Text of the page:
Back To Truck Bar:
When a journalist doing a story on potholes, walks down a pitted street and steps into a puddle wearing six-inch stilettoes, you know Four More Shots Please is not a show about ordinary people. It is for, about and by the SoBo privileged.
Everyone wears designer clothes and accessories, lives in enormous, perfectly done-up apartments, and has first world problems. Which, by itself is not an issue, wealthy and entitled people are real too! But the series, obviously inspired by Sex And The City, looks and sounds like it was set in New York, and transplanted into South Mumbai, which gleams with colour, light and glamour. This is the Mumbai (and India) where an actress can get married to another woman and openly flaunt her gay relationship. Where one-night stands and live-in relationships are common.
The first two seasons were loud and phony with the sexual and– in passing–work problems of the four women being yelled out at full volume. Everything can be sorted by getting drunk on pricey booze at the adda, the Truck Bar, where the four friends congregate to share their troubles.
There was not much drama left over for a Season 3 (on Amazon Prime), but here it is, written by Devika Bhagat and directed by Joyeeta Patpatia, subdued compared to the first two seasons. The journalist Damini (Sayani Gupta) is dating Jeh (Prateik Babbar), the hunky owner of the bar, who is commitment phobic. Lawyer Anjana (Kirti Kulhari) raising her daughter alone after her divorce, finds her man-child ex-husband Varun (Neil Bhoopalam) parked on her couch. His second wife (Amrita Puri) throws him out after he drunkenly kisses Anjana. A kiss? Seriously? These are adults, not katti-batti teens.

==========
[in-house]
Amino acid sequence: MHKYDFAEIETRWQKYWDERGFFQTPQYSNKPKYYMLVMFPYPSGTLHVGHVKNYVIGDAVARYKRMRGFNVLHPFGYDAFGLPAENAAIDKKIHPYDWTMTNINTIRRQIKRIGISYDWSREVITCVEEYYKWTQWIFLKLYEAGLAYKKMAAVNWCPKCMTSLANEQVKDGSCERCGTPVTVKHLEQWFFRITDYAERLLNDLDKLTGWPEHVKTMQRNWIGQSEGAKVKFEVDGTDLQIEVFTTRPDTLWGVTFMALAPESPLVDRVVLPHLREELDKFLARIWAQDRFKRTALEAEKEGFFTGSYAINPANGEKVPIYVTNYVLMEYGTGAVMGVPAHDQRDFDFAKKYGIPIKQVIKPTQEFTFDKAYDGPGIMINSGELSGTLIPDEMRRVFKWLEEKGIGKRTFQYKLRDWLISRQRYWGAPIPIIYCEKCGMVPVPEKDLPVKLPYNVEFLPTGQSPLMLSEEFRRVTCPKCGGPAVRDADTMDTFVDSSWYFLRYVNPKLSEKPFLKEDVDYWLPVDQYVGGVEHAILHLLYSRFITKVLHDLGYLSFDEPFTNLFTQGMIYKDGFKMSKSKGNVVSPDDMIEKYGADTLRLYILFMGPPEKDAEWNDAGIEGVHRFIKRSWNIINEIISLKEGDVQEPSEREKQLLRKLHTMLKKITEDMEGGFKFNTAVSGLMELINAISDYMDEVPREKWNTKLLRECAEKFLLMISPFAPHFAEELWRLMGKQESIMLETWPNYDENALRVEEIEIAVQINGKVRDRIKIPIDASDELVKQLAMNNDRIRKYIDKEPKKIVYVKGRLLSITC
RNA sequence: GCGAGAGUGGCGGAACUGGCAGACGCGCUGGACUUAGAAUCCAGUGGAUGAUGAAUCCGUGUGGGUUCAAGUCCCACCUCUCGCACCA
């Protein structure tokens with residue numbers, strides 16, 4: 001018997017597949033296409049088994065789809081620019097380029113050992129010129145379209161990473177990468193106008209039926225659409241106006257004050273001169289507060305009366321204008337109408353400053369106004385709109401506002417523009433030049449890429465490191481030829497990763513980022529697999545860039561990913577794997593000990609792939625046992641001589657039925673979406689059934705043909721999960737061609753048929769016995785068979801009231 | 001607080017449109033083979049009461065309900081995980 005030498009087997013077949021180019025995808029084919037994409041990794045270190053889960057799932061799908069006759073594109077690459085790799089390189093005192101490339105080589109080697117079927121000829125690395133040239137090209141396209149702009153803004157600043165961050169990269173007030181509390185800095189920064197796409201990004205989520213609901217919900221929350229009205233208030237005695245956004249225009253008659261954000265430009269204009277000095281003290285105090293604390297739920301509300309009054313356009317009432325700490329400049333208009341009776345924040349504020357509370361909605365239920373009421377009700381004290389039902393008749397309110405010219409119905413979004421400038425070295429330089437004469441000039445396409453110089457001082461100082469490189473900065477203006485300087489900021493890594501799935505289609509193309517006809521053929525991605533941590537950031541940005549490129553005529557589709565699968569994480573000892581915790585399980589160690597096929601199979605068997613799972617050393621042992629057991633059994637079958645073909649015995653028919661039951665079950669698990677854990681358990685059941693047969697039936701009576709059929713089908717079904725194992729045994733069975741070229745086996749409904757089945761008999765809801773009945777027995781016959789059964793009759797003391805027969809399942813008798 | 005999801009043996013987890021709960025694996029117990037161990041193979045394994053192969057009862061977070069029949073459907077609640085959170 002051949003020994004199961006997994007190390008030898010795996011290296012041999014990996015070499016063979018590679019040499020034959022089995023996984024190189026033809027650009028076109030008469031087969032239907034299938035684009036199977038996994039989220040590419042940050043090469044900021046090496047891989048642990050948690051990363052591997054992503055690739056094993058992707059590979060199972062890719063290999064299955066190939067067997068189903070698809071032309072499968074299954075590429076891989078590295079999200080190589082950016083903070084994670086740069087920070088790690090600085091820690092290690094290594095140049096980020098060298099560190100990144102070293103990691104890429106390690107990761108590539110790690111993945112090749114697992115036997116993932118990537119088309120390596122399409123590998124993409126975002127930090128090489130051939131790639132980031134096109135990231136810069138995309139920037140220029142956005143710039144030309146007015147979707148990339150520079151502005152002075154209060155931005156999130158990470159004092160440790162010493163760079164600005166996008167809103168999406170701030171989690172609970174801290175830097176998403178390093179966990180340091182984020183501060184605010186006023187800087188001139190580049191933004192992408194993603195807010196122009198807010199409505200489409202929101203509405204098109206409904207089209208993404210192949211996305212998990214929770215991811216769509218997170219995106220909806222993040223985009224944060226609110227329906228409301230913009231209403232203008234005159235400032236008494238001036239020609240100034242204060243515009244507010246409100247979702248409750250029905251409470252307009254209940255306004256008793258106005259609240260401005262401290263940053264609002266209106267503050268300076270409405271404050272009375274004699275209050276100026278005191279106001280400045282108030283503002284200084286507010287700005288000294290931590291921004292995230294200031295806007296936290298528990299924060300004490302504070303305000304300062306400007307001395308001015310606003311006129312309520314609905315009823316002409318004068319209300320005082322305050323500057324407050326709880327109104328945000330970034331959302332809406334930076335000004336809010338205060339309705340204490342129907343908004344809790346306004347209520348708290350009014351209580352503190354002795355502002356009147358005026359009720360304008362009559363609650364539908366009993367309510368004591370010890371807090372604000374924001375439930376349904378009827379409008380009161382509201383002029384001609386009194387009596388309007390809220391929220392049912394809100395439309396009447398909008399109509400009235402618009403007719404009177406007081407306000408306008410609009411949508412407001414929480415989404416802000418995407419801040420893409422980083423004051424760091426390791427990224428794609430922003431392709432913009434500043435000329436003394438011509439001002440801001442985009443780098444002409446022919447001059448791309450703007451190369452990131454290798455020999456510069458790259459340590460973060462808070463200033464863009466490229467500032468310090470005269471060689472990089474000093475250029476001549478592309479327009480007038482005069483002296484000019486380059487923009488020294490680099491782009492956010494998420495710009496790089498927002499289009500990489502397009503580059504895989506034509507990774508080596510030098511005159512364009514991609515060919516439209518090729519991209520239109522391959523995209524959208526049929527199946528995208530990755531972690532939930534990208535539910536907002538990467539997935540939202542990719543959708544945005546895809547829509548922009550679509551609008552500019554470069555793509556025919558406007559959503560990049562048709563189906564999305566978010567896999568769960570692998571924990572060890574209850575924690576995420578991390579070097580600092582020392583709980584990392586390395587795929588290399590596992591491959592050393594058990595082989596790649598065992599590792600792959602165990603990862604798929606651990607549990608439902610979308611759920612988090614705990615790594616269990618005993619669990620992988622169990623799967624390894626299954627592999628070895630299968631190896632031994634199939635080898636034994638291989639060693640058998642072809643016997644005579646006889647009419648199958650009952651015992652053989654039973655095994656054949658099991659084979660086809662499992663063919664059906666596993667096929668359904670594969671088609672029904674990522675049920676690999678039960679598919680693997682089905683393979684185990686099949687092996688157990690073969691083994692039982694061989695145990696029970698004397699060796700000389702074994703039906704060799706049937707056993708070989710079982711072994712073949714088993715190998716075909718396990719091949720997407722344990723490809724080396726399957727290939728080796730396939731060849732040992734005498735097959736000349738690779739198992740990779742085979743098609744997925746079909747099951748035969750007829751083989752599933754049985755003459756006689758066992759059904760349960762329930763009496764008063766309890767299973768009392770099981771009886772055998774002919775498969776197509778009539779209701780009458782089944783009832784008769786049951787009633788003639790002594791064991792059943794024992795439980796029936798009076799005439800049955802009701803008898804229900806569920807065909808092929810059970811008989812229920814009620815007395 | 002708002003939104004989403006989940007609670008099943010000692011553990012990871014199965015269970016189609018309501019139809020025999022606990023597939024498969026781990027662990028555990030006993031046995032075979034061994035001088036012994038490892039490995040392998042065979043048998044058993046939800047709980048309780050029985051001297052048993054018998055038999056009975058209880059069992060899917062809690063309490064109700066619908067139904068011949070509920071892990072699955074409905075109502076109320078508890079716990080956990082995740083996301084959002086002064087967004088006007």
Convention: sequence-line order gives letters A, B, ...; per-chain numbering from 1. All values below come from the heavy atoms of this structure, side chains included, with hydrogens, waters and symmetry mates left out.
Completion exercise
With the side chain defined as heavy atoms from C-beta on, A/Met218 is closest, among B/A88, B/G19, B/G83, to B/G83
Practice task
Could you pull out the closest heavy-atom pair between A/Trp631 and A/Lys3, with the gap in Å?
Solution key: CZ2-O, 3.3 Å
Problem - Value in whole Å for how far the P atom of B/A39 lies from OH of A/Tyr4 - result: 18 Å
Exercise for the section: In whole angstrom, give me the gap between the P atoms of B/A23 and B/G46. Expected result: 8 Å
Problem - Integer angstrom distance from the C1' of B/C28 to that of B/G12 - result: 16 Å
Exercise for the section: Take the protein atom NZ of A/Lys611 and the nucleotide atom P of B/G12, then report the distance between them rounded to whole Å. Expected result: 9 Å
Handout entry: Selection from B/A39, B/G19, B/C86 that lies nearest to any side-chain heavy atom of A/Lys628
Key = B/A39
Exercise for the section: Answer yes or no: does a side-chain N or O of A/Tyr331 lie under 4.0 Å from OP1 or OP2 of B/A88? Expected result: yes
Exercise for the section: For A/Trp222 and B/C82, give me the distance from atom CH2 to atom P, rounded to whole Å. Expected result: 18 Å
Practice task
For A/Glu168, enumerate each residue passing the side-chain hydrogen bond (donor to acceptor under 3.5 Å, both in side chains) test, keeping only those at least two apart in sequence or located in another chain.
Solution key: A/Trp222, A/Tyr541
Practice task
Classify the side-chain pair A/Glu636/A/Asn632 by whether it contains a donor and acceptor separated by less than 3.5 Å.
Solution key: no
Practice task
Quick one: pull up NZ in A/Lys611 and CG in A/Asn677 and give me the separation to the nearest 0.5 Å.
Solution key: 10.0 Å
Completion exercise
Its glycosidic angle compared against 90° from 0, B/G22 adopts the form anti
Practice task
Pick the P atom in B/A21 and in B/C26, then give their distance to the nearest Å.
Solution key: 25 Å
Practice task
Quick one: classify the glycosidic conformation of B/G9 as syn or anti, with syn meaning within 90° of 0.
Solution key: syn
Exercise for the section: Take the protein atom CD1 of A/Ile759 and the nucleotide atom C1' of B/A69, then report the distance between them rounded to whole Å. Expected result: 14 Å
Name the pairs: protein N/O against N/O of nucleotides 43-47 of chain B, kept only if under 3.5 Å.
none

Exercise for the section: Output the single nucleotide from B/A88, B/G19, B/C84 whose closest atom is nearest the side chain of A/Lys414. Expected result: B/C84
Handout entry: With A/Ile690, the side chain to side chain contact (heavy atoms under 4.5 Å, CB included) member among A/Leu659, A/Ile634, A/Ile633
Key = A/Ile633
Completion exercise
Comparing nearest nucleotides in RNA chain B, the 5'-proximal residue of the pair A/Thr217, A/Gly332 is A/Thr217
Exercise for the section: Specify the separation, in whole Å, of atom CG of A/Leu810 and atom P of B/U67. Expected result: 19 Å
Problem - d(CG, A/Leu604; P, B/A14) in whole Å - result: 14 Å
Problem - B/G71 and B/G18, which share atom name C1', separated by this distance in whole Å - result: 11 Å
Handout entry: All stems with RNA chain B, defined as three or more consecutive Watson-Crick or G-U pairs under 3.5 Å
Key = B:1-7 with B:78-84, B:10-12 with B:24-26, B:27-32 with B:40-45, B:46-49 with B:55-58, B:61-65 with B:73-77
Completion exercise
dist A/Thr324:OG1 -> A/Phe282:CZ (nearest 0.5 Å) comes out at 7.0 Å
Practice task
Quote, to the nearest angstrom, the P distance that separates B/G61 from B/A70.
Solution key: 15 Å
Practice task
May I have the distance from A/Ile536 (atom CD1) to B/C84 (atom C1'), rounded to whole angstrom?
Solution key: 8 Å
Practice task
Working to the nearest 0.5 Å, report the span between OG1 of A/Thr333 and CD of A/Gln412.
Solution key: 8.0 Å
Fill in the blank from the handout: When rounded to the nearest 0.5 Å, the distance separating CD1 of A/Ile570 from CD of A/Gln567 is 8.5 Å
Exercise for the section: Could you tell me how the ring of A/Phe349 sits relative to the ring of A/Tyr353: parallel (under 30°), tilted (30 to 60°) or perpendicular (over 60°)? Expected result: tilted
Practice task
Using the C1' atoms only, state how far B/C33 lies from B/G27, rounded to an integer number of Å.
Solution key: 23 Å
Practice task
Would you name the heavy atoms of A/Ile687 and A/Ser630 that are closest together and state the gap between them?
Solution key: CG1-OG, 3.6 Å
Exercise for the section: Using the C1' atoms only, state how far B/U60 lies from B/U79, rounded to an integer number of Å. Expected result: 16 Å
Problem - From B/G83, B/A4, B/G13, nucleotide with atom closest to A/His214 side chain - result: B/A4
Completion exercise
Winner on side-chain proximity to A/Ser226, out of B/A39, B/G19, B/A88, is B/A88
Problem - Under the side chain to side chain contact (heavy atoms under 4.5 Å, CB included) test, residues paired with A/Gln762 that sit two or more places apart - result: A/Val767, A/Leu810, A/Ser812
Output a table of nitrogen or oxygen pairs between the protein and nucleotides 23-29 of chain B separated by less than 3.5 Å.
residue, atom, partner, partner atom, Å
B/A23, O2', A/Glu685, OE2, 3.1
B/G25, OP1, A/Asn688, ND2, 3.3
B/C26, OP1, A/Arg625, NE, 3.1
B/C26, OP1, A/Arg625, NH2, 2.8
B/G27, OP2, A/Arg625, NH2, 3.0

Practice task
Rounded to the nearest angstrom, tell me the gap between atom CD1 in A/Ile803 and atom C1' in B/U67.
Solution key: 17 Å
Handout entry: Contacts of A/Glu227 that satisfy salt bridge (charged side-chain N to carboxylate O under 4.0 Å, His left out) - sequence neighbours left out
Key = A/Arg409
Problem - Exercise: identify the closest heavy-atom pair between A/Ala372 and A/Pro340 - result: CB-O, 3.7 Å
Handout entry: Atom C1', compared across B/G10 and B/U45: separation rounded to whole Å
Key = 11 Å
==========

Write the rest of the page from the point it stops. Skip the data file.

The bisexual Umang (Bani J) who runs a gym, has career problems after her break up with the actress she was about to marry and makes eyes at the baker (Shilpa Shukla) down the street. Tte whole gang, for no explicable reason troops down to Punjab to confront Umang’s father who has disowned her over her sexuality.
The spoilt heiress Siddhi (Maanvi Gagroo) falls apart when her father dies, and throws immature tantrums when her mother (Simone Singh) starts dating again. She hopes to make it as a stand up comedian with zero talent. Jeh gets jealous when Damini, still recovering from a miscarriage, gets to work with a glib young politician (Rohan Mehra).
If you wonder how a series like this one could survive without Jim Sarbh, he lands up too with yoga asanas and pop wisdom.
When these banal problems, drunken rants, liberally sprinkled swear words (somebody on the writing team thinks shouting “vagina” is oh so bold) and Whatapp forward kind of pretend profound lines run out, there is a lot of action between the sheets (yes, an intimacy coordinator was hired). Instead of genuine soul searching or expressions of confusion, misery, joy there are caterwauling songs spelling it all out.
To their credit, the actors are uninhibited and carry on gamely even when so many scenes and lines border on the ridiculous. At least their wardrobes are always stylish.
(This piece first appeared in rediff.com)